While McCann may have saved Jones' life, Belfast orthopaedic surgeon Jimmy Withers saved his career.

"I wouldn't have played again but for the skill of Mr Withers. One day he came to the hospital to amputate my leg, but decided to wait another few days. I'm glad he did."

And so, too, is the football world. Within two years Jones would recover, albeit, with his right leg shorter than the left.

An attempt to revive his career at Fulham was short-lived because of an objection from another Football League club regarding his registration.

However, at Larne, Glenavon and Portadown, the goals continued to flow as he collected a huge career total of 646, which is still an Irish League record. Jones would also win three international caps for Northern Ireland.

The Belfast Celtic board of directors, appalled at the lack of any meaningful sanction for the events of 27 December, decided to take matters into its own hands.

Jimmy Jones stands at a modern mural which immortalises his brilliant career at Belfast Celtic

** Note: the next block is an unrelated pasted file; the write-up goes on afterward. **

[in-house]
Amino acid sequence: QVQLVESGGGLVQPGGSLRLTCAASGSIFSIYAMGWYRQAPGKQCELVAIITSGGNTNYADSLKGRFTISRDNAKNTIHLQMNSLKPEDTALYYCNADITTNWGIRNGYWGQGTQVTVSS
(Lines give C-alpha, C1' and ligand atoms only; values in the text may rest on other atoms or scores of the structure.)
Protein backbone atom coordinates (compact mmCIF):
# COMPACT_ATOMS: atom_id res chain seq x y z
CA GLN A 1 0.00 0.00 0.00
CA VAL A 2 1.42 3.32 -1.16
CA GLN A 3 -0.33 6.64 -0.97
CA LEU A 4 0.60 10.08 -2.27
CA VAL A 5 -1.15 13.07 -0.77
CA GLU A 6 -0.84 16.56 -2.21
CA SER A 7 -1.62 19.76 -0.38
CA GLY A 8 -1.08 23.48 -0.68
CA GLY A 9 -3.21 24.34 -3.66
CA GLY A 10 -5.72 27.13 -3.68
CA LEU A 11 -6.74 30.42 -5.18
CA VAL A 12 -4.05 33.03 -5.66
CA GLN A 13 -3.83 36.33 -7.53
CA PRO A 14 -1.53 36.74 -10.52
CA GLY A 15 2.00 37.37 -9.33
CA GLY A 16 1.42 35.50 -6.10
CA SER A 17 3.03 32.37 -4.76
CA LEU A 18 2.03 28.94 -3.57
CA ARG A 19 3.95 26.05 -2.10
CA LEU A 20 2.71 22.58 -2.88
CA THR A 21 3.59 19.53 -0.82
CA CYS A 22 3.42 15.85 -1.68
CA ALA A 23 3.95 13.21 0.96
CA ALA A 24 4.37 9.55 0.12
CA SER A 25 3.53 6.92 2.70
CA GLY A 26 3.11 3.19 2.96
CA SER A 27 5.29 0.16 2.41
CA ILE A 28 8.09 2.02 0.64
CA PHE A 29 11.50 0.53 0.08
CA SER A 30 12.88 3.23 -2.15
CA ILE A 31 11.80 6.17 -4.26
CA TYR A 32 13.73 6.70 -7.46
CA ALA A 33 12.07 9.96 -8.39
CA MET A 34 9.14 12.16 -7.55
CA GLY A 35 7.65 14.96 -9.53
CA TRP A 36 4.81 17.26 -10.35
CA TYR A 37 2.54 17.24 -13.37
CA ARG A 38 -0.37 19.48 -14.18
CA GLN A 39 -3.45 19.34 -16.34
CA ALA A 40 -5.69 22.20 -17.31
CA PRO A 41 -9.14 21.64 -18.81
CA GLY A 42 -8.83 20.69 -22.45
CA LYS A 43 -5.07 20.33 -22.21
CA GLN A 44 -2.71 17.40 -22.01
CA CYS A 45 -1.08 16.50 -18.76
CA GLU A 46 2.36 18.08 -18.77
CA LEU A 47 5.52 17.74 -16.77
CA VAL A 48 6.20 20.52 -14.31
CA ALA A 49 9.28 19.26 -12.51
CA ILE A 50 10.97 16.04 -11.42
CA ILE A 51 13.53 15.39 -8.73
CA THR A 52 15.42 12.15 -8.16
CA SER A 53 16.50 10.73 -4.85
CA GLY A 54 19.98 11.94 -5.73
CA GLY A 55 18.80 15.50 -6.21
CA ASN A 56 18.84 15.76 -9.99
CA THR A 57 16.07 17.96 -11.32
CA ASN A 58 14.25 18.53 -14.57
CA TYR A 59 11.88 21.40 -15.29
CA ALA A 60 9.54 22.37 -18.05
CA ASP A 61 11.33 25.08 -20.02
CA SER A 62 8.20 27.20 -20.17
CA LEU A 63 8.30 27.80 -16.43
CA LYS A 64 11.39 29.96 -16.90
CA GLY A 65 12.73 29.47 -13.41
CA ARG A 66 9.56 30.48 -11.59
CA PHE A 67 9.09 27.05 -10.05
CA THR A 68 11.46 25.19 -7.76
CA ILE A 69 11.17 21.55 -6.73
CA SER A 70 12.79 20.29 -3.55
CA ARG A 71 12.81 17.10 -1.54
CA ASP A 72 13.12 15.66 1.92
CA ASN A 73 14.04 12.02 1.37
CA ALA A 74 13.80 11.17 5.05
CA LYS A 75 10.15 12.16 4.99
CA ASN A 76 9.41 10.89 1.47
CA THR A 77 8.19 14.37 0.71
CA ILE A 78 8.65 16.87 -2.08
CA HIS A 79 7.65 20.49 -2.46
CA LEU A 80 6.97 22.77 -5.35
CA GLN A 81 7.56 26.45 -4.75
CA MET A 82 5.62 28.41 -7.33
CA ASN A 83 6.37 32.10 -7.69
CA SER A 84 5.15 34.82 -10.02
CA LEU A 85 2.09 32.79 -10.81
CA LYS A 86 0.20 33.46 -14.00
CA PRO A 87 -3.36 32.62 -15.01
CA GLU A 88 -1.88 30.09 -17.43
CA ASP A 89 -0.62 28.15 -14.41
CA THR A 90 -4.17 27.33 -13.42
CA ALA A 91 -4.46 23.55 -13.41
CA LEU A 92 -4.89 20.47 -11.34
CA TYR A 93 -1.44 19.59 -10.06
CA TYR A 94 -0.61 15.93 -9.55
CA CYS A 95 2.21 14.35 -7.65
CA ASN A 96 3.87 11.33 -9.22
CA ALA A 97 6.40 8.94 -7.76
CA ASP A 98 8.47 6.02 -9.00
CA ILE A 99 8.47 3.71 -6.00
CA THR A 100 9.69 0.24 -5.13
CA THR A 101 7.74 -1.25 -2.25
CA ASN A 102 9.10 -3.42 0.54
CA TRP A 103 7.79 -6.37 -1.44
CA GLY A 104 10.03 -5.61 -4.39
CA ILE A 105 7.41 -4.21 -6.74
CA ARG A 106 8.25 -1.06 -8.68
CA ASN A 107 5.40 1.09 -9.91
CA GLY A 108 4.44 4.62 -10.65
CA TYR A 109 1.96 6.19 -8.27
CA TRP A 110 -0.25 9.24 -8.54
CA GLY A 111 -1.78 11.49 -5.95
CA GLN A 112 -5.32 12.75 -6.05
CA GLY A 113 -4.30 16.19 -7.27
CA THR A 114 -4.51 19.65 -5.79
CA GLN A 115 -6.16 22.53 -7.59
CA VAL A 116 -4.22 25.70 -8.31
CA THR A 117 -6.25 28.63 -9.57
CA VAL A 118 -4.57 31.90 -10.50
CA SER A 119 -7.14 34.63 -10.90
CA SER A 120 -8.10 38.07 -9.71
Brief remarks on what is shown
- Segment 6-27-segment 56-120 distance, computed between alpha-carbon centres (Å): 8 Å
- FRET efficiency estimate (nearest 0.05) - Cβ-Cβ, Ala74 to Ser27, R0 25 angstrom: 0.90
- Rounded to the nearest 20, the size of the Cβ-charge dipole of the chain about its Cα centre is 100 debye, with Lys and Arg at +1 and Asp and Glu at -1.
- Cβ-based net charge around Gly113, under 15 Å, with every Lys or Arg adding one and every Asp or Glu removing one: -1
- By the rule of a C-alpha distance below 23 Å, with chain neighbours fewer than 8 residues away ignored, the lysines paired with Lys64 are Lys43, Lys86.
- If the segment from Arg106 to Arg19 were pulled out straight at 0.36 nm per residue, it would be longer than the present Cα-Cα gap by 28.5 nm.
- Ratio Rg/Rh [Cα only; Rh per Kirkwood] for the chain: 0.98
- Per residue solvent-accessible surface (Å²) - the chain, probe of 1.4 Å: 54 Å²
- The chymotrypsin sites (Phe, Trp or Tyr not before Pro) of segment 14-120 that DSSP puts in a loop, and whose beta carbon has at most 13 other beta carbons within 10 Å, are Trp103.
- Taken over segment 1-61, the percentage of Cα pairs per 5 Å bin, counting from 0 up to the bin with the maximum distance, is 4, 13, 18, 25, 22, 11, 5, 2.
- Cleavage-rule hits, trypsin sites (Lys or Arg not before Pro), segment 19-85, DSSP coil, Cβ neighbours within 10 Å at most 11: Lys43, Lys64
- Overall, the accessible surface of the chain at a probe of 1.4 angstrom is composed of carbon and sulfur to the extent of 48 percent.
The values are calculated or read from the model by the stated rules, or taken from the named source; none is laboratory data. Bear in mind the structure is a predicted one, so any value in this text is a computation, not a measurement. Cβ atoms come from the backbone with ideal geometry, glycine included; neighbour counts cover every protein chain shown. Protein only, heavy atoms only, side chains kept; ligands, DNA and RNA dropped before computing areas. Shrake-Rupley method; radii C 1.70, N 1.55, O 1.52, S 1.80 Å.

Jimmy Jones stands at a modern mural which immortalises his brilliant career at Belfast Celtic

In the weeks that followed, the main players were gradually sold off to clubs in the Football League. And on Thursday 21 April, 1949, after the 4-3 victory against Cliftonville in what was to be the final match at Celtic Park, a letter of resignation was posted to the Irish League.

Belfast Celtic left immediately on a pre-arranged tour of North America and from there into the history books, taking all the club's memories and achievements with it for ever.

Jimmy Jones died on 13 February, 2014 aged 85.

Crusaders replaced Belfast Celtic in the Irish League.

Belfast Celtic 1881-1949

Honours

Irish League - 14

Irish Cup - 8

Gold Cup - 7

City Cup - 10

County Antrim Shield - 8

Steel & Sons Cup - 5

Regional League - 4

Regional Gold Cup - 3

Intermediate League - 7

Intermediate Cup - 5